Day Eleven Continued: 8/17/15: US 4 to the Former Tucker Johnson Shelter Area.
I ran across the three lanes of traffic on US 4 and found empty trail magic when I got there. Now, it was one mile to the Maine Junction. Less than 500 miles to Katahdin for my NoBo Thru Hiker friends. Isis and I fought up the trail. My feet were hurting and she was being distracted and defiant as well as tired. I was getting tired also and wanted to go home again. So, I stopped. I fixed my feet as best I could in my muddy shoes and then I kept going in spite of wanting to go home. I kept going up that steep trail to the Maine junction. I would not see any of my NoBo friends that were behind me any more. So, I said a silent good luck to Tumbles and Scout, Rigga, Boston, and Yeti, and 4B as well. I would no longer hear Tumbles laugh and say, "You know what? Today, I think I'll walk". I made the turn down the Long Trail solo. Not another soul around. It was so quiet I could hear my own thoughts. It was very spooky but we opted to stay at Tucker Johnson. The tent site was right on the trail so, I figured someone might walk by. It was full of bugs too so, I ate and we went directly in the tent. It was an early night for sure. Early to bed and early to rise meant more miles and right now there is 11.2 planned.
Day 12: 8/18/15: Former Tucker Johnson Shelter to David Logan Shelter.
As I looked around that night, everything is dirty. I'm dirty and so is the dog. I have hot spots on my feet but not enough to make me hate the day. Today was a hard day. I got going from Tucker Johnson fine but I was sluggish as the day wore on. The humidity is a little unreal for August or maybe not? I'm officially on just the LT and it's so quiet. There is hardly anyone out here now. We managed the trails pretty good over rocks and roots with a few streams for Isis to drink from. I wanted to take it slow today. Isis always has other ideas and is full of energy that she burns so quick. It was 3.6 to second breakfast at Rolston Rest. and in-between there were active logging roads. With people actually logging. I encountered some of the worst mud in this section and it smelled worse than me.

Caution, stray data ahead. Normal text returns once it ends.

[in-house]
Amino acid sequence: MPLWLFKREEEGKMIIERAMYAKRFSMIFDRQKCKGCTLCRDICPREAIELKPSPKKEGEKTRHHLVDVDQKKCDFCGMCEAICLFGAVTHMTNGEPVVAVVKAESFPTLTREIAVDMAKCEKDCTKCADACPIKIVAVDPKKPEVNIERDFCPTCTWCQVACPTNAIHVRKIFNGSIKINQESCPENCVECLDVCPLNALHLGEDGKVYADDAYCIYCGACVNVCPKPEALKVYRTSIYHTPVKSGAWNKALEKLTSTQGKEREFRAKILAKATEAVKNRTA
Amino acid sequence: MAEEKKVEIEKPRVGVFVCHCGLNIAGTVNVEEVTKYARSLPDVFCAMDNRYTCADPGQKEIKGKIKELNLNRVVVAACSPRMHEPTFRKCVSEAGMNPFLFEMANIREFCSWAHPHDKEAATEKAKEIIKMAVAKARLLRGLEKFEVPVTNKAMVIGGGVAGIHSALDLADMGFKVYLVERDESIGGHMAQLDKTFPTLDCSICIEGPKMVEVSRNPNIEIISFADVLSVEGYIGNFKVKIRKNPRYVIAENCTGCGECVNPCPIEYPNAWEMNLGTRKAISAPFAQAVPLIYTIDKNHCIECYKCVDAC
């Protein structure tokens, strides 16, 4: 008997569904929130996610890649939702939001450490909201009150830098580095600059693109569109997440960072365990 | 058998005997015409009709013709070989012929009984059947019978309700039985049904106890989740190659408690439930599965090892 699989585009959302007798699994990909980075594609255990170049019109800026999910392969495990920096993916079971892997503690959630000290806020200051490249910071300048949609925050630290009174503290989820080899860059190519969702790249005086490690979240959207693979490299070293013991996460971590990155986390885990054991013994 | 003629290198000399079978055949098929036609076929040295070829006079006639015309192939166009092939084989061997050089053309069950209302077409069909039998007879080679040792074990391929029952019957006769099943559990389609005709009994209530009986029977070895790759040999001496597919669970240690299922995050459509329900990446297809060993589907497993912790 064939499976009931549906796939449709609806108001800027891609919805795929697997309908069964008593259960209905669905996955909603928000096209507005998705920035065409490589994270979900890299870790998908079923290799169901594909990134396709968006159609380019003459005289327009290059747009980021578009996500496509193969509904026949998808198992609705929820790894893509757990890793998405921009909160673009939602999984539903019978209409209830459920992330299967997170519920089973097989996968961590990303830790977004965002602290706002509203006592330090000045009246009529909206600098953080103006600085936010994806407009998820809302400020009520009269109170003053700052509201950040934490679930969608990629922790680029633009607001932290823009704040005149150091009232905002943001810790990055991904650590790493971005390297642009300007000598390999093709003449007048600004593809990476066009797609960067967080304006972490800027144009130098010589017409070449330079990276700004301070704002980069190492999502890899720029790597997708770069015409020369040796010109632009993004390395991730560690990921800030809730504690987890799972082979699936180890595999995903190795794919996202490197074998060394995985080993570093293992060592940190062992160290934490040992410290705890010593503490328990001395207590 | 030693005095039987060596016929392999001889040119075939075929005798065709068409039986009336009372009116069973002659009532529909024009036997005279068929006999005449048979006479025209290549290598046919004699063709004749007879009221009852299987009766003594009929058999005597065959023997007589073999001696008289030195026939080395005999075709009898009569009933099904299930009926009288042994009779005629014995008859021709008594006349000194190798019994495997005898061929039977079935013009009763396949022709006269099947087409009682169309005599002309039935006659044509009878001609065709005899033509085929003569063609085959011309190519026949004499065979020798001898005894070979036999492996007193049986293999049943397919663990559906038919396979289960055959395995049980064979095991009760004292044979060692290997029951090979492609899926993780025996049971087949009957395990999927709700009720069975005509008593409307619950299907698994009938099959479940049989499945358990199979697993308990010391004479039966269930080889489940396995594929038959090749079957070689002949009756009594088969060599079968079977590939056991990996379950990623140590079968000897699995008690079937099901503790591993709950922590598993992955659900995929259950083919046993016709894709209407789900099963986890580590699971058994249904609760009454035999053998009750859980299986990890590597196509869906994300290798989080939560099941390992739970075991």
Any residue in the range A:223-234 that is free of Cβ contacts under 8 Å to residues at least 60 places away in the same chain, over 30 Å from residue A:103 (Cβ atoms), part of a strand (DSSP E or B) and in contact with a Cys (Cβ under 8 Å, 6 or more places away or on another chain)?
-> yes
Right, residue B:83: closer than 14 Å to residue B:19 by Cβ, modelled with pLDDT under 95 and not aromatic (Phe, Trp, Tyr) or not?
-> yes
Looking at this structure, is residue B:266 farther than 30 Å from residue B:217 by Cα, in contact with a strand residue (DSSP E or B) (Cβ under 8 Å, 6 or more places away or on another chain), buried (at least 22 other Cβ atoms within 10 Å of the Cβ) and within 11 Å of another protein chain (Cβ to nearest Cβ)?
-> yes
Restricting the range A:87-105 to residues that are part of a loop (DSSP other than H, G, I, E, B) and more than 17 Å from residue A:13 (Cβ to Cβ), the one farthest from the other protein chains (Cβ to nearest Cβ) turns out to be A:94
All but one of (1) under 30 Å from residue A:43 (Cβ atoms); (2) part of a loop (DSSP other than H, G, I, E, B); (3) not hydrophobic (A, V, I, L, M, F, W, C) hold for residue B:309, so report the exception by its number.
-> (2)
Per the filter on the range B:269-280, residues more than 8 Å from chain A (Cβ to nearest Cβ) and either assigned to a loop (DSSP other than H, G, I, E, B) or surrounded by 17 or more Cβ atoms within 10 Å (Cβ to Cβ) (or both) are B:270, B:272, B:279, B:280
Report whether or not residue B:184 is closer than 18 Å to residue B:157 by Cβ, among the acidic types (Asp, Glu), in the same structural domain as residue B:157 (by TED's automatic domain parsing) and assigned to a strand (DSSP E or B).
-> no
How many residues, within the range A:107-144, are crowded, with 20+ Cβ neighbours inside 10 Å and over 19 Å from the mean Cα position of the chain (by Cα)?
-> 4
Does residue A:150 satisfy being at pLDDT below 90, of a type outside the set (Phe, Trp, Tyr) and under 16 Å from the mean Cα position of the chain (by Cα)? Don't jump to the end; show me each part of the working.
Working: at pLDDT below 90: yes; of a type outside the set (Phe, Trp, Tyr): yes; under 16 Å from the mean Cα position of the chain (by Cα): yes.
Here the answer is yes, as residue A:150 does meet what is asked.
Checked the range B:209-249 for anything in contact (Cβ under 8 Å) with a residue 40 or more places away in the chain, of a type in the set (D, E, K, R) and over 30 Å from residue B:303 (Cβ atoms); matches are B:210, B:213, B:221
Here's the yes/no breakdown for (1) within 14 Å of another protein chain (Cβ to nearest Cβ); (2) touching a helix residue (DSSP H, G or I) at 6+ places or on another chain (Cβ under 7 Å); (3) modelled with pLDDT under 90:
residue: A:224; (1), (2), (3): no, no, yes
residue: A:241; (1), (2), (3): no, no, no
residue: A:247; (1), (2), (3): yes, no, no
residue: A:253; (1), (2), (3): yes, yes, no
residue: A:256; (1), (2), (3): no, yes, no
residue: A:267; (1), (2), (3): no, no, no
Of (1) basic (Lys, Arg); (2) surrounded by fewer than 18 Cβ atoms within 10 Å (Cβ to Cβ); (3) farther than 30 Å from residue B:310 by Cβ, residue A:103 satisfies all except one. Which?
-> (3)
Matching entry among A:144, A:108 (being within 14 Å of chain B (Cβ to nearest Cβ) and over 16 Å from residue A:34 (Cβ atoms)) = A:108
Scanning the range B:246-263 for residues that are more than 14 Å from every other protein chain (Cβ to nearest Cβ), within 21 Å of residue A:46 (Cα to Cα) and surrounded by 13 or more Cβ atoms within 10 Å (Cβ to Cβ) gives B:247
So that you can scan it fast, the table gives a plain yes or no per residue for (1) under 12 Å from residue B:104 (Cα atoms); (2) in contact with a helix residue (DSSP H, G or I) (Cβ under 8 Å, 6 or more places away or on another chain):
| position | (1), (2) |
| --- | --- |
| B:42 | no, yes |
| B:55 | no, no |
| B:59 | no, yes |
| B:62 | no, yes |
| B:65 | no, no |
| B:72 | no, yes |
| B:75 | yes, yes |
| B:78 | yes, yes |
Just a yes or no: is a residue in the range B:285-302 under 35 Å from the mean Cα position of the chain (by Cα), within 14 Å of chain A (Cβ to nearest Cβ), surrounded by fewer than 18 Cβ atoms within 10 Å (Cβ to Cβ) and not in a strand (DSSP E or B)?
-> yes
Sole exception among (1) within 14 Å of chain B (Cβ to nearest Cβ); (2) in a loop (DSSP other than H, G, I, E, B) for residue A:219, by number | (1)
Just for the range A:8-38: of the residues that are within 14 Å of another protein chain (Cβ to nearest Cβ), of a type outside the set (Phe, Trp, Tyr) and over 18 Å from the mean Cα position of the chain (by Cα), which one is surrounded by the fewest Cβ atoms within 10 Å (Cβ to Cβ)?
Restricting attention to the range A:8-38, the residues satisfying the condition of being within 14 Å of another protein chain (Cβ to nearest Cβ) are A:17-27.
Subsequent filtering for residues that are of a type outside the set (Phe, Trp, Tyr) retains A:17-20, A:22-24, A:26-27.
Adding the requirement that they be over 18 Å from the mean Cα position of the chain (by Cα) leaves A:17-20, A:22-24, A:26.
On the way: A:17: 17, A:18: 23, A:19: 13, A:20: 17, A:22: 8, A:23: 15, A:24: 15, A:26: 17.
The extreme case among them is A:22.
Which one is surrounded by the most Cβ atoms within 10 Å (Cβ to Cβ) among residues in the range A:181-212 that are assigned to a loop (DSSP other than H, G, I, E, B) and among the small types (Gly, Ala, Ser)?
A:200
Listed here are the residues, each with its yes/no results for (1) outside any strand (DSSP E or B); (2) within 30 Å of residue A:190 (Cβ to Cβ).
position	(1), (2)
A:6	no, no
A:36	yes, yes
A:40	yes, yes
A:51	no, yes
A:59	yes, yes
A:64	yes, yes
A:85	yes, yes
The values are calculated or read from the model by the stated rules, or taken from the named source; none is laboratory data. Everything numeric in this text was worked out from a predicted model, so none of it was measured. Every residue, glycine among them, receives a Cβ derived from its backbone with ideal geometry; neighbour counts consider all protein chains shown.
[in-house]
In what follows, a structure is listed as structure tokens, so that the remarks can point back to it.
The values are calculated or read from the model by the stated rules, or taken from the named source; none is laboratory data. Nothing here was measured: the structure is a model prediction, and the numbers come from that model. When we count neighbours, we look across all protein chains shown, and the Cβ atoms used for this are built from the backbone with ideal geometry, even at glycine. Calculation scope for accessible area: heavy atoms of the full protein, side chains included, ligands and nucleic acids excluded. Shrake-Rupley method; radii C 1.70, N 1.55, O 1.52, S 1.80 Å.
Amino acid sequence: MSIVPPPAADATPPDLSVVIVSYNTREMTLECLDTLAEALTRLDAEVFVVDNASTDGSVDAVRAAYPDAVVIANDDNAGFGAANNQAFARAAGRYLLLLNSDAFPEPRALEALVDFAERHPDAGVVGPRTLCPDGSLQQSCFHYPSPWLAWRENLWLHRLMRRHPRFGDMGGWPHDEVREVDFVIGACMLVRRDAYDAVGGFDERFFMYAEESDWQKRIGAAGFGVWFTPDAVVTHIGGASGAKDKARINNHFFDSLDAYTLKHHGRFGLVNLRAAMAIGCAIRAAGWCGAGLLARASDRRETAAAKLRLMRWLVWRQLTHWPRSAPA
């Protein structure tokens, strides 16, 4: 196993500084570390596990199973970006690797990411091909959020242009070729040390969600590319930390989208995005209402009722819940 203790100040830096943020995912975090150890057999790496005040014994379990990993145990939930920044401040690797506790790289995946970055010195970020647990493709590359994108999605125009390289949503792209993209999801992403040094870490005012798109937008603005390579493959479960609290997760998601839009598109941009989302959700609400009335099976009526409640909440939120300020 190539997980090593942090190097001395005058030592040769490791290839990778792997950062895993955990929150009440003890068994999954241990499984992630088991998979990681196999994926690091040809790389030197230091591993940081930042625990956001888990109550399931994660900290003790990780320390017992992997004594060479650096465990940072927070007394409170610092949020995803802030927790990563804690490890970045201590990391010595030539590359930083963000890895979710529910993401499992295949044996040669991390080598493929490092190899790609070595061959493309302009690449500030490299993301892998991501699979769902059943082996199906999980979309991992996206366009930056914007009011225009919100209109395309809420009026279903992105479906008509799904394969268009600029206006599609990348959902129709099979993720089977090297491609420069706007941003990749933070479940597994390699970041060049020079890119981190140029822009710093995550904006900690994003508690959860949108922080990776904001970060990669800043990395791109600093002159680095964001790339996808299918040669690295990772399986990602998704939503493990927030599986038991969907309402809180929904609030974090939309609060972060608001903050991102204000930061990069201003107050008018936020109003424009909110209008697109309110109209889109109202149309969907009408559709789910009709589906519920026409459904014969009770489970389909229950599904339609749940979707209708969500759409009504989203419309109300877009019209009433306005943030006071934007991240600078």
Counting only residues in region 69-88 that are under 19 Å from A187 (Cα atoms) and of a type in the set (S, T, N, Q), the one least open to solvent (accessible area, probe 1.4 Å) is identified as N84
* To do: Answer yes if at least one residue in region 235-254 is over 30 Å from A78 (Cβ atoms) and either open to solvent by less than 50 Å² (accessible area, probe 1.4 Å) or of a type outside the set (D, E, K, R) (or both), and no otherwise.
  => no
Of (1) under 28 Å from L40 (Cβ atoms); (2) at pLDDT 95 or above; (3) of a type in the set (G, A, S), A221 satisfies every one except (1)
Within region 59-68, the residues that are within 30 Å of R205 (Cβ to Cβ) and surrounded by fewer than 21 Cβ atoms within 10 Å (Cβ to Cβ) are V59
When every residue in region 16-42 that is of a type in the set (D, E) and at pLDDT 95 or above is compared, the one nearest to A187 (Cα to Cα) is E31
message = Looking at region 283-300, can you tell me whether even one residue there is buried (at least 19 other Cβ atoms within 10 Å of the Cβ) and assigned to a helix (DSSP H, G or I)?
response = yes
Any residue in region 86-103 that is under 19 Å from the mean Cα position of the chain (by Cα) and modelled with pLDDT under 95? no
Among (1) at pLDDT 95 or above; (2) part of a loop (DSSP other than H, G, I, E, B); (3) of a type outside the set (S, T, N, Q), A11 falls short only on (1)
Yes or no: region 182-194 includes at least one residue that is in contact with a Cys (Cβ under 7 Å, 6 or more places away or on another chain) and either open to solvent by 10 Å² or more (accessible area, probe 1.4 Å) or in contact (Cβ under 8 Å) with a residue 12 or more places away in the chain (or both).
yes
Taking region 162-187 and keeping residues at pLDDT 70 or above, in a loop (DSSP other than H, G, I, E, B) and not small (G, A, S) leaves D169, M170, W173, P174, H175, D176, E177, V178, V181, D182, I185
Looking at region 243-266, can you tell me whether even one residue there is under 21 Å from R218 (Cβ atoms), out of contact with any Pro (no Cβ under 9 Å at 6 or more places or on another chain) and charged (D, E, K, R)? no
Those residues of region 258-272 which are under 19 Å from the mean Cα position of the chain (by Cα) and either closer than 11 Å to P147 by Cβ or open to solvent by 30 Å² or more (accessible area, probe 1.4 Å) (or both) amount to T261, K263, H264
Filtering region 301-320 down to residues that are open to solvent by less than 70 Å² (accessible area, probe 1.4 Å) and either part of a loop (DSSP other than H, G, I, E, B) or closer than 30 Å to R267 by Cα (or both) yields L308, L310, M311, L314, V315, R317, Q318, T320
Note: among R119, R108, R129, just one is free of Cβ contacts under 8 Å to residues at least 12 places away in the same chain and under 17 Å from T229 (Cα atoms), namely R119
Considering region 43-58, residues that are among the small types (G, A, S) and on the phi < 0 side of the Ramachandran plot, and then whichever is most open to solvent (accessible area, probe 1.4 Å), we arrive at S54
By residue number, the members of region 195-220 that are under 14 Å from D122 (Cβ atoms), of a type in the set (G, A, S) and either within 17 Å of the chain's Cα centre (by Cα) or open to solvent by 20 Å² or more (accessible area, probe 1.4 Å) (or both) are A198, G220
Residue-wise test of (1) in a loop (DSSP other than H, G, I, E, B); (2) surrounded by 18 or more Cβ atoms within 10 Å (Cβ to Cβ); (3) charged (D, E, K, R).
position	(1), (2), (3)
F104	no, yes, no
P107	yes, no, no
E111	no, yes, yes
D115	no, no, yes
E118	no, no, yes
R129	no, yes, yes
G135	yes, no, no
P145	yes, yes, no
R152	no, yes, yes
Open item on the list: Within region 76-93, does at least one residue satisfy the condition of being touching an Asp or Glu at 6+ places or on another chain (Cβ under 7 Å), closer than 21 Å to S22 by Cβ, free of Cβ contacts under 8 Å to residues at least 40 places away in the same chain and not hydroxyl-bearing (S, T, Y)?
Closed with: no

So, we press on and I remain conscious of my feet at this point. We make it to Rolston Rest and I send out a quick message about my pick up while I am thinking of it and have service. My phone is dying but I am hoping to charge it tonight. It was good to hear from mother and I think at this point, I was finally home sick or ready for a shower. Two tough days today and tomorrow and could use encouragement. I sat at the shelter and spied and jar of peanut butter... It was just sitting there and no one was around. So, I find my spoon. It's good and I have 4 big spoonfuls plus Isis gets one too. We get ready for the next 5.5 miles push to telephone gap with more mud but no more logging. We gain some elevation but nothing like Killington. I enjoy the little overlook views but it's hazy today. I'm also discovering that I can't keep taking pictures of the same trail over and over so, the dog is now my subject. And flowers. I pass the time thinking of hiking The Whites in winter. I am also now aware that this is the toughest thing I have ever done in my life. What was I thinking at almost 43, I was thinking that this would be a good way to grow. I was right.
The 5.5 miles seems to take forever with lots of ups and downs. I'm going over a ridge and the drop downs into the gaps are thin trails that put my feet at awkward angles. I struggled here a lot between the heat and the trail. We stop on a rock for lunch and I know I need to break more. I need to remember that I have plenty of time. Continuing on, it's more ups and downs into and out of gaps. It does not seem to follow my map which shows a pretty straight forward curve. I'm taking extra turns it seems and I'm getting more than a little angry as every turn I think I'm there an I am not. I am wondering if I need to re-think my 13 mile day and really I just need to remember to slow down and think as well as rest. Stay the course. Soon, I run into a school group heading to the same shelter. I hope it's quiet is all I can think. The turn for the new Boston trail takes forever and I swear the trail threw in a few other twists too. We finally hit the spur to the shelter and it's a down trail. So, we are there in no time. I take the first site by the water source and set up camp. It was a small site so that would leave the bigger ones for the school group. I get water and it's really good. Almost Garfield spring quality good. The school groups filter in and I talk with Mike T and Jonny Appleseed at the shelter for a while. As I get tired, I crawl into my tent and hope for a quiet night and a better tomorrow.
Day 13: 8/19/15: David Logan Shelter to Brandon Gap
Today was hopefully the last of the long days. I was planning 13 miles over several peaks and it was going to be tough. My feet are already shredded and I have wrapped them in bandages I had intended for the dog. This morning started out great at least. We hit the trail after packing up around 7:30am. The walk to Sunrise shelter for lunch was pretty flat through most of the gaps. It was a decent walk up high with little views here and there. The landscape was still hazy but the breeze was nice and very welcome. Isis and I leap frogged the school group of high school kids. They had stayed a David Logan with us last night and seemed to be handling it well. There were several bridges to cross and some had water where some had dried up. At 11:30am we arrived at Sunrise, making good time today for a rest and for lunch. We were joined by the school kids too and had a chance to talk. Some seemed to be struggling but others were doing quite well. After a nice rest, we set out around noon time. Within no time, we arrived at the road in Brandon Gap. Next came the tough part.
Division Six Completed!